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Article of Interest - Alternative Schools

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Bridges4Kids LogoAlternative Schooling Not Required, U.S. Court Rules
Gongwer News Service, January 24, 2005

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Although Michigan's constitution guarantees the right to a free public elementary and secondary education, neither it nor state law provides a right to alternative education for those older than the drop-out age of 16, a panel of the U.S. 6th Circuit Court of Appeals ruled Monday in a case arising from the notorious 2000 murder of a New Baltimore teen pizza worker.

 

The court rejected claims brought by a high school drop-out who was barred from the Anchor Bay School District's Skill Quest program after his arrest on charges of murdering Justin Mello.   The charges against Matthew Daniels were quickly dismissed for lack of evidence and charges against two friends were eventually dropped when two men confessed to the crime.

 

Mr. Daniels, now 21 and on probation on a drug possession crime, claimed the district denied him due process in terminating his participation in the Skill Quest program and refusing to let him re-enroll when he was released by police.

 

The 6th Circuit Court of Appeals said Mr. Daniels had an unquestioned right to attend high school, though he forfeited that when he dropped out, and noted school districts are not required to provide alternative education for those older than 16 who do not have a high school degree.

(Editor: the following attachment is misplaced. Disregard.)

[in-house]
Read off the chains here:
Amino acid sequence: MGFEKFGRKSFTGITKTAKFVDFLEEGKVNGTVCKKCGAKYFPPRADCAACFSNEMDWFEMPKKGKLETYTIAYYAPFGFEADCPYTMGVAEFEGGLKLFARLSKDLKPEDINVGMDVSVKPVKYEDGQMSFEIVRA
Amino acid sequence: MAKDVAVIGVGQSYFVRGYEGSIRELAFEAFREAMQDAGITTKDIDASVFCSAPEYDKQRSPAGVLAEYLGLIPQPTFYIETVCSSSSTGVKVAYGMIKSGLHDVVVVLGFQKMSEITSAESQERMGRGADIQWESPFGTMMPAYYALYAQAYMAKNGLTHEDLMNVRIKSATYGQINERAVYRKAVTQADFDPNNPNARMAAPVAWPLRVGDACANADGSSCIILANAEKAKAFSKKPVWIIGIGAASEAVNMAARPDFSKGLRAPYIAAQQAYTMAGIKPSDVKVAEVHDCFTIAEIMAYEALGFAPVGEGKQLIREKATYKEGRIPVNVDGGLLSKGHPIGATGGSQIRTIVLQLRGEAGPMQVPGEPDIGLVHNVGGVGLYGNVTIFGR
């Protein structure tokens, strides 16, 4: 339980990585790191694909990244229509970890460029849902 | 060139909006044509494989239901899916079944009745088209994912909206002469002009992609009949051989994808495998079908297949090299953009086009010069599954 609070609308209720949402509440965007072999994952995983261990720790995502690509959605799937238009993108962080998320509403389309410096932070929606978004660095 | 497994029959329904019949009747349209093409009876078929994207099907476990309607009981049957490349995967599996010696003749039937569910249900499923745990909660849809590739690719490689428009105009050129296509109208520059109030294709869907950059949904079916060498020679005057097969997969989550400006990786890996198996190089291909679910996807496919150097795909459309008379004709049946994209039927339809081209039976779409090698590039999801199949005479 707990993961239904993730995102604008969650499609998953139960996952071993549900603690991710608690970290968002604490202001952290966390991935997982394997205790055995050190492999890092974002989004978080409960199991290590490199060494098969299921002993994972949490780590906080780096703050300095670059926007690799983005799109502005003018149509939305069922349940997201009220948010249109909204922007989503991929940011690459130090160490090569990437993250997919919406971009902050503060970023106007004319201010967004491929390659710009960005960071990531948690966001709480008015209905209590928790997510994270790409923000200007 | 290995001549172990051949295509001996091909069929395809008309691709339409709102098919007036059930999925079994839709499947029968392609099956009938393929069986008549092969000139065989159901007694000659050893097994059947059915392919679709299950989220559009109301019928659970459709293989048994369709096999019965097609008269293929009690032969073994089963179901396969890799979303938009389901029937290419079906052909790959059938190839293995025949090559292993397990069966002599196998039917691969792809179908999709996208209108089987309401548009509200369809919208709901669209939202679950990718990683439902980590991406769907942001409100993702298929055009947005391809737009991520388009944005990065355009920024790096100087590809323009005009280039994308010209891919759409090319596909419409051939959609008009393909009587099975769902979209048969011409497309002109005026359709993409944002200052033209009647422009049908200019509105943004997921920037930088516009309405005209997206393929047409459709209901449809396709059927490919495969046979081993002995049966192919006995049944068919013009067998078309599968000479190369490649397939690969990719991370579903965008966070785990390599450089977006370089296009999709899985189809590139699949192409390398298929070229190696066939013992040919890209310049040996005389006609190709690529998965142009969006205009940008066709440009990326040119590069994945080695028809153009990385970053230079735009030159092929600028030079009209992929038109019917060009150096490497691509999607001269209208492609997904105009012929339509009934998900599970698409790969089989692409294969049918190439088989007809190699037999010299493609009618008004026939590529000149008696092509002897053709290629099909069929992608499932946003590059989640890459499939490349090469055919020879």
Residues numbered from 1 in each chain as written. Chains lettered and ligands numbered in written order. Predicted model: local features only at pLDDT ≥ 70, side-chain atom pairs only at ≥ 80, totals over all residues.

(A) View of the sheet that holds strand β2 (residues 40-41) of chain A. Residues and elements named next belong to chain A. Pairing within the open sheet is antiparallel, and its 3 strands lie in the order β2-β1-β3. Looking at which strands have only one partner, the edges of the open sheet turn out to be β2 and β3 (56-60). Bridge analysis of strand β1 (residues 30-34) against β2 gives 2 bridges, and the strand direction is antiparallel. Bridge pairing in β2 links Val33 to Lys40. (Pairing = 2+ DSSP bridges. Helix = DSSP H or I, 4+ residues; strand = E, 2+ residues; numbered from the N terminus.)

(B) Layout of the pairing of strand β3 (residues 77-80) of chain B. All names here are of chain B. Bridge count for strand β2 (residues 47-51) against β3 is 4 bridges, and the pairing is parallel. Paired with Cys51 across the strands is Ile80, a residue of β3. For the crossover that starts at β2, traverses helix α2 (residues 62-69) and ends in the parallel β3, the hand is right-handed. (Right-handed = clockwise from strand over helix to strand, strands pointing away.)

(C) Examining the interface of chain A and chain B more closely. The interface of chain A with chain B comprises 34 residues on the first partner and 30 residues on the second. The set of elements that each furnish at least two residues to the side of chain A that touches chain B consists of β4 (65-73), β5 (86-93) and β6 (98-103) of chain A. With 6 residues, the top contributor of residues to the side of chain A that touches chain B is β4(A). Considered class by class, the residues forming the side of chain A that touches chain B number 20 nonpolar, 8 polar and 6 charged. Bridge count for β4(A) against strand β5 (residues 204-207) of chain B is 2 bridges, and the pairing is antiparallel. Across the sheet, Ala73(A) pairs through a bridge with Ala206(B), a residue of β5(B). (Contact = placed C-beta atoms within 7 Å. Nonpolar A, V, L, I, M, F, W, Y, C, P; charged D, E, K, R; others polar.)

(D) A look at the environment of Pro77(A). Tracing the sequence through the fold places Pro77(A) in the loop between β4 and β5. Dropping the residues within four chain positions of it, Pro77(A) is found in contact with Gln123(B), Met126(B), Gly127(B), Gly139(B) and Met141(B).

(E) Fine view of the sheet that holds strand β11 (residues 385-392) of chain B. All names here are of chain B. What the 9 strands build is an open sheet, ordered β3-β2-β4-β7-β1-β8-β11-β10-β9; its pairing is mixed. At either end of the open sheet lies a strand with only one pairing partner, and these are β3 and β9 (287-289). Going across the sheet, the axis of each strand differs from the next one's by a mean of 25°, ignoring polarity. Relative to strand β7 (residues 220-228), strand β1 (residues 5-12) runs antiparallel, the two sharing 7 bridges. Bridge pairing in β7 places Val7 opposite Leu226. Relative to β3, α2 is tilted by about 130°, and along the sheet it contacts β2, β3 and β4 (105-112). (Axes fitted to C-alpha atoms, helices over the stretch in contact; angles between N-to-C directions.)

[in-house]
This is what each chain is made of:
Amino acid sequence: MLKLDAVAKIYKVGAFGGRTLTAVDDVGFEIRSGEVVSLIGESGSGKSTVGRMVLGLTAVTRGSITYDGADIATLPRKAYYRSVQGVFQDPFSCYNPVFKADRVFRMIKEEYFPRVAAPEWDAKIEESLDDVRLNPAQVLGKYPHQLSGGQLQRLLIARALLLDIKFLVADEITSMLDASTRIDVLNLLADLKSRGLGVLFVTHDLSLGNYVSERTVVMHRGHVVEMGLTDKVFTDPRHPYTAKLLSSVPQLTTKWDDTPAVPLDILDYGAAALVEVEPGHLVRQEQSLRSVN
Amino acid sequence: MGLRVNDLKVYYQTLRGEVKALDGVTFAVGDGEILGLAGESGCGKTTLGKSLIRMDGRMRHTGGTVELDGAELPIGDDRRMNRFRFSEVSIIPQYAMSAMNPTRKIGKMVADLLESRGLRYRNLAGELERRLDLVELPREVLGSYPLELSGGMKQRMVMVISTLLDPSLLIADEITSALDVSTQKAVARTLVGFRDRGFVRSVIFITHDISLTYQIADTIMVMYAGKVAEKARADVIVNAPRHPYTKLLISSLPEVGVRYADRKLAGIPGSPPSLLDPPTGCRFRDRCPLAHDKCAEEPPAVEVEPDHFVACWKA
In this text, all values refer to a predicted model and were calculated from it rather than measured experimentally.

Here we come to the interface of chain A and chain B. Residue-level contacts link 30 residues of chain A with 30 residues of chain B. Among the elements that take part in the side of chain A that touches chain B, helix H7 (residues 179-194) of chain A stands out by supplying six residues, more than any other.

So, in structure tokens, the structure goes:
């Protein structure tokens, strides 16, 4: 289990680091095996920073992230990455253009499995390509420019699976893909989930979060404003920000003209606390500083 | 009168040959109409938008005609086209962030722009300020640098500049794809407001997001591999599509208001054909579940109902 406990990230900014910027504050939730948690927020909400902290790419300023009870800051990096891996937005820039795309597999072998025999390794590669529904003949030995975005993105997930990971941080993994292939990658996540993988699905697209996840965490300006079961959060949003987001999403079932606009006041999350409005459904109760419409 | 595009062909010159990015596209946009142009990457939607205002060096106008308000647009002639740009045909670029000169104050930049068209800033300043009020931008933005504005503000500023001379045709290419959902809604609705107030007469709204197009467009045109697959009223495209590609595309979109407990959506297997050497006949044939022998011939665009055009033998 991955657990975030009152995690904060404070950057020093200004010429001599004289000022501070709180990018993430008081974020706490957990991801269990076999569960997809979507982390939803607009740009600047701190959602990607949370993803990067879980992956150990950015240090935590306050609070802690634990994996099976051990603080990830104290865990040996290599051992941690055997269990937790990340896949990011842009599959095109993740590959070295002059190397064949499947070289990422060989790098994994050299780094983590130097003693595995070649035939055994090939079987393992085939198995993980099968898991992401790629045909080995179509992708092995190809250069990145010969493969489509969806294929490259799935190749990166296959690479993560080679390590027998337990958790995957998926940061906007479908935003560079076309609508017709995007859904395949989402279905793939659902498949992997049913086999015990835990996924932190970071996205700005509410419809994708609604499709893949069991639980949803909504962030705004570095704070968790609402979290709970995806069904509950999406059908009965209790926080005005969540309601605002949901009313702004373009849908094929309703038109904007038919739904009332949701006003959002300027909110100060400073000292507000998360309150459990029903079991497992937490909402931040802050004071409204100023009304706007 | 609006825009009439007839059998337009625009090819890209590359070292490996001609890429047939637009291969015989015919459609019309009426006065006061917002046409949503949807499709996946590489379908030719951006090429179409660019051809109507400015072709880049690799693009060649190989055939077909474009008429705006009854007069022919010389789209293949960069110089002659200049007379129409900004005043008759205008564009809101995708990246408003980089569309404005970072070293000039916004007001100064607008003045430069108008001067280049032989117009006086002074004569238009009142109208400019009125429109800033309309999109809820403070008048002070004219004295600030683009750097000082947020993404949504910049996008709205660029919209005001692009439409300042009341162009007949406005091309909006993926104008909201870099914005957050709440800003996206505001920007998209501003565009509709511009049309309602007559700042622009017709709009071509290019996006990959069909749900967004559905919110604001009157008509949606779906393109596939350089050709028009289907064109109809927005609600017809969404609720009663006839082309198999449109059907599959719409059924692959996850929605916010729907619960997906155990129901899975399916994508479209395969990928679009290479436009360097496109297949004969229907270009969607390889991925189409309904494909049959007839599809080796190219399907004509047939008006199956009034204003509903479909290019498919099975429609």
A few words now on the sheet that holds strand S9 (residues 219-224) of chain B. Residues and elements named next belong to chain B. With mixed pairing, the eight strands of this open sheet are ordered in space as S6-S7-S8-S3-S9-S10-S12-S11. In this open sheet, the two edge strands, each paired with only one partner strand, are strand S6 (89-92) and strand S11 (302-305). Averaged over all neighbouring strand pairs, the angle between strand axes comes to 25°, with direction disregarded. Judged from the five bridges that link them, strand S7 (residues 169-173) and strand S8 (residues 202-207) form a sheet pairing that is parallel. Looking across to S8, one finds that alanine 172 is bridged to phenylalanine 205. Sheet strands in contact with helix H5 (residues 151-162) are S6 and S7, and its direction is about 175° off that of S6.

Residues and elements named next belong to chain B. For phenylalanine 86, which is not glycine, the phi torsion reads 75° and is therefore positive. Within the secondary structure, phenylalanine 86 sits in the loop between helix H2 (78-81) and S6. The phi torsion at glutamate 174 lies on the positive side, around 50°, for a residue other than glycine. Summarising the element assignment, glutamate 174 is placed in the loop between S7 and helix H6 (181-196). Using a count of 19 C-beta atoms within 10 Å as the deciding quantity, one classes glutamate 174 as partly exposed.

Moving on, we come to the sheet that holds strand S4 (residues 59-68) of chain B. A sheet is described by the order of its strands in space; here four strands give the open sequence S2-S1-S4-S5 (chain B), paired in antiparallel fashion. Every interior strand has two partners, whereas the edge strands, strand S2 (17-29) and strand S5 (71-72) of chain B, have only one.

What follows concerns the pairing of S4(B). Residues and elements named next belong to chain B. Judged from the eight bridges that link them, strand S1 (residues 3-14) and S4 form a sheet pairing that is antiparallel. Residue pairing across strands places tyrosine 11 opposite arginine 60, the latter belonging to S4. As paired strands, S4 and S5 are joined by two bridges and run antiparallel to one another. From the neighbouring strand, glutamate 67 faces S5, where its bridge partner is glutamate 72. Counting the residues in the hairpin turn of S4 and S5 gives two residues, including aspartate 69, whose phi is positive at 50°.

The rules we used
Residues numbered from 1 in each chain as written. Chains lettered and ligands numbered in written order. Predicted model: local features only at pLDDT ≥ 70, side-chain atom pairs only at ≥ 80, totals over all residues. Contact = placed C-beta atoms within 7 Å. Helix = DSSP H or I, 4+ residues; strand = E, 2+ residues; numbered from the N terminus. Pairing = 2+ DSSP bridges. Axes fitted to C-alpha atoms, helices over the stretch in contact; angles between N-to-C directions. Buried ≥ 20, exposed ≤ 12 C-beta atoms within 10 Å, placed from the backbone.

And while districts such as Anchor Bay which do create alternative programs do create an entitlement - similar to interscholastic sports - that may not be withdrawn without due process, the court added Mr. Daniels could not establish a property claim in that schooling.

 

The Anchor Bay program, the court said, had two key conditions: sole discretion by the superintendent on who may be admitted and a requirement students abide by program policies including attendance where failure to comply results in automatic loss of credit.

 

"Because Daniels cannot demonstrate any property right to alternative education in the Skill Quest program, he cannot demonstrate that Anchor Bay or Woodside denied him due process by enforcing the program's automatic loss of credit resulting from his absence from class during his pre-trial detention, or by refusing to permit him to re-enroll after his release from detention," wrote Judge Alice Batchelor, in an opinion signed by Judges David Nelson and Eugene Siler Jr. (Daniels v. Woodside, USCOA docket No. 03-2053).    

 

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